–With assistance from Ania Nussbaum
©2018 Bloomberg L.P.
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January 19, 2018 at 11:32PM
The 747 Had a Great Run. But Farewell Doesn’t Mean the End.
MARANA, Ariz. — There may be no airliner as recognizable as the Boeing 747, the world’s first jumbo jet, with its iconic hump of an upper deck. For aviation fans, the introduction of the “Queen of the Skies” was a triumph of engineering and grace: unprecedented size and speed with spiral-staircase international glamour.
But the airline business has changed, and the giant plane has become more expensive to operate. A couple of weeks ago, the final 747 flight by any commercial United States airline took to the sky.
Like so many others before it, the plane was heading to the Southwest to retire.
A passer-by at Atlanta’s Hartsfield-Jackson International Airport might have noticed something unusual as Boeing 747 No. 6314 pushed back from the gate for the last time. Onlookers in the terminal waved farewell as the plane, operated by Delta Air Lines, taxied out to the runway. Undeterred by the chilly weather, even members of the ground crew pulled out their phones to memorialize this flight in photos.
On board was a small group of passengers — mostly Delta employees.
Paul Gallaher was serving as first officer. Earlier in his career, as a pilot for Northwest Airlines, he had helped fly a fleet of brand-new Northwest 747s from Boeing to the airline’s home base in Minneapolis. Delta inherited those planes when the companies merged 10 years ago. Like No. 6314, he would retire when the flight touched down.
Back in the cabin, Gene Peterson, another Delta 747 captain, and Holly Rick, a flight attendant, had other plans. They had met when they were on a 747 charter flight crew in 2009. Now they prepared to walk down the aisle — not just to their seats, but to say “I do.” They did, somewhere over Memphis.
“I’m going to cry before today is over,” said Rebecca Johnson, one of the flight attendants on board. “It’s just part of aviation history. To be a part of it is kind of awe inspiring.”
Four hours after takeoff, the jumbo jet was circling above cotton fields in Arizona’s Sonoran Desert, preparing to make its final approach to Pinal Airpark, where its next chapter would begin.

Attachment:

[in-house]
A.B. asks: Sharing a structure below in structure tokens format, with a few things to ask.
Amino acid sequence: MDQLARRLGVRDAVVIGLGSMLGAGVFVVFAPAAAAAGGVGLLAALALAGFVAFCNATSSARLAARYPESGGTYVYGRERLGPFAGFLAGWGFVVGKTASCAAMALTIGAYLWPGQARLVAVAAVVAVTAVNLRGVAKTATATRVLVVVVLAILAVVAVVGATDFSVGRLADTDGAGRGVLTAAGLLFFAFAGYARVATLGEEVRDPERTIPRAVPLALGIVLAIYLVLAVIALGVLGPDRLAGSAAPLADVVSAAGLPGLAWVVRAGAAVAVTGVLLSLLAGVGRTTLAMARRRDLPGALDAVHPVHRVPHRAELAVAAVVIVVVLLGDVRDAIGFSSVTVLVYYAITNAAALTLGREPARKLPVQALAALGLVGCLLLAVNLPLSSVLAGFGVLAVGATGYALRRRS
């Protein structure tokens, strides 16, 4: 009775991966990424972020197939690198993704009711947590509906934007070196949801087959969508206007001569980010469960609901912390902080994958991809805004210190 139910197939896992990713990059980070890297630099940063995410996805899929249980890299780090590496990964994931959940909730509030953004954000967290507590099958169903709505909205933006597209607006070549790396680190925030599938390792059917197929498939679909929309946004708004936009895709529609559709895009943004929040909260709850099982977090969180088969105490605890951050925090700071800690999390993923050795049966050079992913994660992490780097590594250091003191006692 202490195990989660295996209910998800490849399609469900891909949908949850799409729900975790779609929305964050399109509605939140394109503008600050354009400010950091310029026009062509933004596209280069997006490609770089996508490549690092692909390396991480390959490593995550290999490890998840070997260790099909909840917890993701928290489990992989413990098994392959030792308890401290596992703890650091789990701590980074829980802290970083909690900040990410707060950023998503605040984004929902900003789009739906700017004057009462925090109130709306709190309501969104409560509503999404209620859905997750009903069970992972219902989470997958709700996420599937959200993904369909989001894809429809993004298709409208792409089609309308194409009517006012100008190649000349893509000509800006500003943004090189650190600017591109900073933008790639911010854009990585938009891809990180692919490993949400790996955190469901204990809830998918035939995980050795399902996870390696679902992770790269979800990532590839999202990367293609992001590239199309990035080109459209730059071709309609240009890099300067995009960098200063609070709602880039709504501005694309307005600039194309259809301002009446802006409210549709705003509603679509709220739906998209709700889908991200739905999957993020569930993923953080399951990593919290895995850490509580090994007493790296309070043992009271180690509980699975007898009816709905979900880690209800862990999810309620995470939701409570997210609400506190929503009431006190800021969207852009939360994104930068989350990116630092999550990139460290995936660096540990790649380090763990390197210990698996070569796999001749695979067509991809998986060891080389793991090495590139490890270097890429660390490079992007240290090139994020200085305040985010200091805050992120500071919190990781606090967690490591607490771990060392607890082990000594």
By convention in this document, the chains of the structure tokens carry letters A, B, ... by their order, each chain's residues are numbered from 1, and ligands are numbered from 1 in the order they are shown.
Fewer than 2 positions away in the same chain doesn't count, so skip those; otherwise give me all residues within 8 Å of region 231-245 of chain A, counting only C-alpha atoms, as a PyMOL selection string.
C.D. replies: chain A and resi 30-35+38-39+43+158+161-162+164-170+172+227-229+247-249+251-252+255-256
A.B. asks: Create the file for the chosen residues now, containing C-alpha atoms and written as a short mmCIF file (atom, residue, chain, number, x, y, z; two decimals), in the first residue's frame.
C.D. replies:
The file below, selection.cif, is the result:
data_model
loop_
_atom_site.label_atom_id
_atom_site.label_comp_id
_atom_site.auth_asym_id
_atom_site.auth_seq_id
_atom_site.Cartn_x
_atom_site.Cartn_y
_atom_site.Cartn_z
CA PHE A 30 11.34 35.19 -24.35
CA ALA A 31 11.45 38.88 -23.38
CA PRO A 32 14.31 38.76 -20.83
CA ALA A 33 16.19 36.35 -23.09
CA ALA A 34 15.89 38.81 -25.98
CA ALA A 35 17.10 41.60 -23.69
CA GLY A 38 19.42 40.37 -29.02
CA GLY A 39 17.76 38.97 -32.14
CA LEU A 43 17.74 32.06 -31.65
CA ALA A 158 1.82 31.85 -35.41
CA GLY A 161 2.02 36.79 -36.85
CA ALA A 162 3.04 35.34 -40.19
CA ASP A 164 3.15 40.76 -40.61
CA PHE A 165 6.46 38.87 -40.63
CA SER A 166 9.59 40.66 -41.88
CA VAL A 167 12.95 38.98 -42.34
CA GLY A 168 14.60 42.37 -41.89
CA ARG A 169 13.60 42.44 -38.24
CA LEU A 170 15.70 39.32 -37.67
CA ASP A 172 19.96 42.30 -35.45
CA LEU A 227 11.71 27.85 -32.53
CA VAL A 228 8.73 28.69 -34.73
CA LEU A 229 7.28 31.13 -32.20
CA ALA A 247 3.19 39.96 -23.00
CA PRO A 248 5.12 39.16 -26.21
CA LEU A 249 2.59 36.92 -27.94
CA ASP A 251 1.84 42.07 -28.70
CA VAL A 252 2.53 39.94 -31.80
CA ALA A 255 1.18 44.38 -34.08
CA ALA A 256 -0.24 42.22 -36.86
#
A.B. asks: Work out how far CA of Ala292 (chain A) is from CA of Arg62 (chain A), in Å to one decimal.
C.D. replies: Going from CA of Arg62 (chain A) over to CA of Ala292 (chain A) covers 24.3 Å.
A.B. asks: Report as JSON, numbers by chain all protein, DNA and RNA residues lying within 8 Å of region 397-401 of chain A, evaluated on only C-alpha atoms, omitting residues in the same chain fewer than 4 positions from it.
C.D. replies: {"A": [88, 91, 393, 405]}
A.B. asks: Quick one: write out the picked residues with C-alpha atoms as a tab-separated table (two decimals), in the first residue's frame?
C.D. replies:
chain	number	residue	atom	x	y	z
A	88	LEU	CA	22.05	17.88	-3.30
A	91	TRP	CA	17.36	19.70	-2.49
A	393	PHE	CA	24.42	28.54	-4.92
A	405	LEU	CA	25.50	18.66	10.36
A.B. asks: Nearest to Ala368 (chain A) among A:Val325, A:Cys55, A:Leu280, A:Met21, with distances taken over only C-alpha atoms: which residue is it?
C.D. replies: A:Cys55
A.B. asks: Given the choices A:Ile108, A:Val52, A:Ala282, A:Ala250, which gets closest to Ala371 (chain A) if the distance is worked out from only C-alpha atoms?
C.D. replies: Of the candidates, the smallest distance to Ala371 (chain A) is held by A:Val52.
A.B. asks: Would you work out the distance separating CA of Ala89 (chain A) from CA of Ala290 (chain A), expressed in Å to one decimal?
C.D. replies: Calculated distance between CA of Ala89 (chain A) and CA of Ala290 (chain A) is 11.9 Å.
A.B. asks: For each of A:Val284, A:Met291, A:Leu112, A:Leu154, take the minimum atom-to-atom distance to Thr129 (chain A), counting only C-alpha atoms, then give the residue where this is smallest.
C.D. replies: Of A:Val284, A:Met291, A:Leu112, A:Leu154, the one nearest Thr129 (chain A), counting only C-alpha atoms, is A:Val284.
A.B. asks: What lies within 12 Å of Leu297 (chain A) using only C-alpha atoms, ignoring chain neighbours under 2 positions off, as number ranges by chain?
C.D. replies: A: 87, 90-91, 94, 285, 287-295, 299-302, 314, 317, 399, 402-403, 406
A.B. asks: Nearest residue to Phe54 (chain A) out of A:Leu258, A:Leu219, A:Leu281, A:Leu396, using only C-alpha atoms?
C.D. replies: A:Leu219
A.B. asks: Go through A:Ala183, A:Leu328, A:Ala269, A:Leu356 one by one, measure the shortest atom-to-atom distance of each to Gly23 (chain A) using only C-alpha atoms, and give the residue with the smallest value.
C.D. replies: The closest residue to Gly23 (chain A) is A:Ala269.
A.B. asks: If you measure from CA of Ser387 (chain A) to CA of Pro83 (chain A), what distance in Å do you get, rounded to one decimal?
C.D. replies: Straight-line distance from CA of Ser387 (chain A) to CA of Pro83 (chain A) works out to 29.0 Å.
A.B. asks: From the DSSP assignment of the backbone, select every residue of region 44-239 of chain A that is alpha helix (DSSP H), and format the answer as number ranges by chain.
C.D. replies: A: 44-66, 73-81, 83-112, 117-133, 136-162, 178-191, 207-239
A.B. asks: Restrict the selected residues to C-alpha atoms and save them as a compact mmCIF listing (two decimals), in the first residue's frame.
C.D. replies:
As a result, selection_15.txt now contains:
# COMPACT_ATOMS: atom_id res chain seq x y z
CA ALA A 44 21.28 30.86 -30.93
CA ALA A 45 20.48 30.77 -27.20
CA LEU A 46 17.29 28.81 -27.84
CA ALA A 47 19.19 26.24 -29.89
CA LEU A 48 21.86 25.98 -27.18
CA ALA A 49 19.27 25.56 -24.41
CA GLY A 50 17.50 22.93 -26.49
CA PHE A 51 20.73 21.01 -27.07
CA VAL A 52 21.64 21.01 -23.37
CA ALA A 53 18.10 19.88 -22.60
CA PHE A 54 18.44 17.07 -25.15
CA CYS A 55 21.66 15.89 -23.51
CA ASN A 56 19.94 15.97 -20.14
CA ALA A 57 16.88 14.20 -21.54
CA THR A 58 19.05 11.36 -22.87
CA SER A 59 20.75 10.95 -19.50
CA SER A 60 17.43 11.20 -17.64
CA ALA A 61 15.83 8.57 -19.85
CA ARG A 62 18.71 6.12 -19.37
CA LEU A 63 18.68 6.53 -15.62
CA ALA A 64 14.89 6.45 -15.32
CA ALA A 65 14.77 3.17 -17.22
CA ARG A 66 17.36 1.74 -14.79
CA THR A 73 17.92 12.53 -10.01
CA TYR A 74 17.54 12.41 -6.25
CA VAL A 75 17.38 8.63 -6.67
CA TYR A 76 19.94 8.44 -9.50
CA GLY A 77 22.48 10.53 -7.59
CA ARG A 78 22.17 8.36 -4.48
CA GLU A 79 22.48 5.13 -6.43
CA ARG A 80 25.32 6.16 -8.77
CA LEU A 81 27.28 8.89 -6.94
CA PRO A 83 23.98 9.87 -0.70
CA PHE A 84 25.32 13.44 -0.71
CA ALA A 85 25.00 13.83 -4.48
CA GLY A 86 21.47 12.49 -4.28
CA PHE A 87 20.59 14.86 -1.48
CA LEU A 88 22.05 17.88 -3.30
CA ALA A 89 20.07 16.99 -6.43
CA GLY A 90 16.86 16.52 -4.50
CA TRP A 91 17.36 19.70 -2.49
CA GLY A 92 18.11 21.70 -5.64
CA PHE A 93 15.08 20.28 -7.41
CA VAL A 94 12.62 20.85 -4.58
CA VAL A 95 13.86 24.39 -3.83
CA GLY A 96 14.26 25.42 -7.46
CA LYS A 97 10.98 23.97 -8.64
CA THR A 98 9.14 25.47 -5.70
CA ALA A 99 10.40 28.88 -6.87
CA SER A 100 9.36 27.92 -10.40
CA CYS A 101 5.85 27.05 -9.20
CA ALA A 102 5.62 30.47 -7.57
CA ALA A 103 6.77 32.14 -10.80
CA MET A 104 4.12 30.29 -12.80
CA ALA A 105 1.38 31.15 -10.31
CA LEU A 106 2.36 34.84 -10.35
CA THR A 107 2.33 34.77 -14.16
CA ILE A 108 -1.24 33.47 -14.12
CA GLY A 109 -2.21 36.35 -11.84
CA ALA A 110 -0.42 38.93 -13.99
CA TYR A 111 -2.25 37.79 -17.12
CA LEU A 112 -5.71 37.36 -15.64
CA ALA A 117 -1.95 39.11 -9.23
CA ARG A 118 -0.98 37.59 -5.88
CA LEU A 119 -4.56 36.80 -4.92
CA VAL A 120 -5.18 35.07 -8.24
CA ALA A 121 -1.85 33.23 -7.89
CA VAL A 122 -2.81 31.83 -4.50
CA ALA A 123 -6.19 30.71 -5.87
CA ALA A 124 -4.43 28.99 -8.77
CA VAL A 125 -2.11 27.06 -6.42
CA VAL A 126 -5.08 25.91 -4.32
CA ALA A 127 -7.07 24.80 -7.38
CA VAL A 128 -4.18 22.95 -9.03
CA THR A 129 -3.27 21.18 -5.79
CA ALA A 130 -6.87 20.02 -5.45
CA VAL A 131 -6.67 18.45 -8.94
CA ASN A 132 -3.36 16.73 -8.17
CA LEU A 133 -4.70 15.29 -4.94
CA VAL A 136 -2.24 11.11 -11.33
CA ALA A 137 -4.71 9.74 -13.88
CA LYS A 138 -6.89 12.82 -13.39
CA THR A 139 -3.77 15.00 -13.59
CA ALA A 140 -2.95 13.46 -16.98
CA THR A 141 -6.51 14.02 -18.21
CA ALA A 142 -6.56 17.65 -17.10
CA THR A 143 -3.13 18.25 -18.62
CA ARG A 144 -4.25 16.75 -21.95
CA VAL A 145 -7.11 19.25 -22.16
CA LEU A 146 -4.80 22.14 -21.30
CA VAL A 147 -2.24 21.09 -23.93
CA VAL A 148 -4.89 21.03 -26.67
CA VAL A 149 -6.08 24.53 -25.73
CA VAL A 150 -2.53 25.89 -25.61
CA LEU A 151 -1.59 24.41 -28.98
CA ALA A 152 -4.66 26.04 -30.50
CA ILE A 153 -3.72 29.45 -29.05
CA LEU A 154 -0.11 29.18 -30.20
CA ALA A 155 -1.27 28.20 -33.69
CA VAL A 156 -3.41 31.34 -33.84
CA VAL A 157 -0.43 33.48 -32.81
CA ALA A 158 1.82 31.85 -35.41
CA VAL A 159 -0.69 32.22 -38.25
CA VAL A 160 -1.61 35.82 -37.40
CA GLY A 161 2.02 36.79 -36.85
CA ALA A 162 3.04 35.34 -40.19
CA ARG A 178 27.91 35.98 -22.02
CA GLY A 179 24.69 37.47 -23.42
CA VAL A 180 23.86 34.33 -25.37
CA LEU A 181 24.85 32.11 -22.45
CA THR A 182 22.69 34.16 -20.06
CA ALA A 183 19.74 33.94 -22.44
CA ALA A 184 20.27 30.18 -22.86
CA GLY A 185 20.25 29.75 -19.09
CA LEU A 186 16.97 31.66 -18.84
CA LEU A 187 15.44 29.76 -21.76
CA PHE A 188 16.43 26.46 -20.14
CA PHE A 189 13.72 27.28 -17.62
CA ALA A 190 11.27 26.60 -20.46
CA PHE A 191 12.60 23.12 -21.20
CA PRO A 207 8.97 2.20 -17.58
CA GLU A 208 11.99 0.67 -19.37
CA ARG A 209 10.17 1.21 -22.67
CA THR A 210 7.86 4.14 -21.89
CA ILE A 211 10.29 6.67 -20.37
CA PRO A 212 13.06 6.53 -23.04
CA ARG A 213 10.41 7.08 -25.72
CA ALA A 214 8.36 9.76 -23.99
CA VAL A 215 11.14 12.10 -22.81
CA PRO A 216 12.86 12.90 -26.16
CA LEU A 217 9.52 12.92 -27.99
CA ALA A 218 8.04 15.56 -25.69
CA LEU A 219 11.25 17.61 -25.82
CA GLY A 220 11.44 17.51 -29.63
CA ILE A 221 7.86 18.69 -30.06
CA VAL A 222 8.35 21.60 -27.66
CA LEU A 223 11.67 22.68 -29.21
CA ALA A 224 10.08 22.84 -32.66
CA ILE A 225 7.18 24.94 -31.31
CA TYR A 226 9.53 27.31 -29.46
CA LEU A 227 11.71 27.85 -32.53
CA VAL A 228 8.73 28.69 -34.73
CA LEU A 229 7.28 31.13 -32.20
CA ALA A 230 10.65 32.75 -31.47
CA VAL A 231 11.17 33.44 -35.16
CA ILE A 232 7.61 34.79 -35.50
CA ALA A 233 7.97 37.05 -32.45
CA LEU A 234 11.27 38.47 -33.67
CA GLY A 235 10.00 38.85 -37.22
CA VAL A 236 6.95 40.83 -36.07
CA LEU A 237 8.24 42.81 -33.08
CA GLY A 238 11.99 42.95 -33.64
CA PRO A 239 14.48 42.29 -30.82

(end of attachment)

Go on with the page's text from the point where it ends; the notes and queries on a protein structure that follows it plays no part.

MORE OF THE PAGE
The 747 revolutionized the way people traveled when it began service in 1970. Mark Vanhoenacker, a pilot for British Airways and the author of “Skyfaring: A Journey With a Pilot,” wrote in The New York Times last year that the aircraft took advantage of economies of scale to make long-distance air travel affordable to the masses for the first time.
“This aircraft is a marvel for when it was built,” said Anthony Black, a Delta spokesman aboard the flight. But, he pointed out, a marvel of 1960s engineering is not necessarily suited to 2018 industry needs. Many airlines are moving to a business model that focuses on connecting more cities directly with smaller, more fuel-efficient planes, rather than funneling passengers through a few large hubs.
The desert climate makes county-owned Pinal Airpark, between Phoenix and Tucson, an ideal place to store airplanes long term, and about 120 aircraft are here right now, scattered across the desert floor. The dry air prevents major corrosion, so their parts can be used to help keep other planes flying. Airplanes can even be kept in flying condition, ready to go back into service on short notice.
Brandi Lange is an operations manager for Logistic Air, one of the companies that own or maintain former airliners at Pinal Airpark. “My main thing here is parts and part support,” she said. Her company’s inventory includes two former Northwest Airlines cargo 747s and a passenger 747 that used to fly for Trans World Airlines, a brand that disappeared after it merged with American Airlines in 2001.
That T.W.A. plane is one that Ms. Lange pays particular attention to. “I’m pretty sure it’s haunted,” she said. “I’ve gone in there before and there was a newspaper, and I’d move it and put it somewhere and the next thing I would know it would be right by the stairs. And I’d move it somewhere else and it would be right over here next to the stairs again.”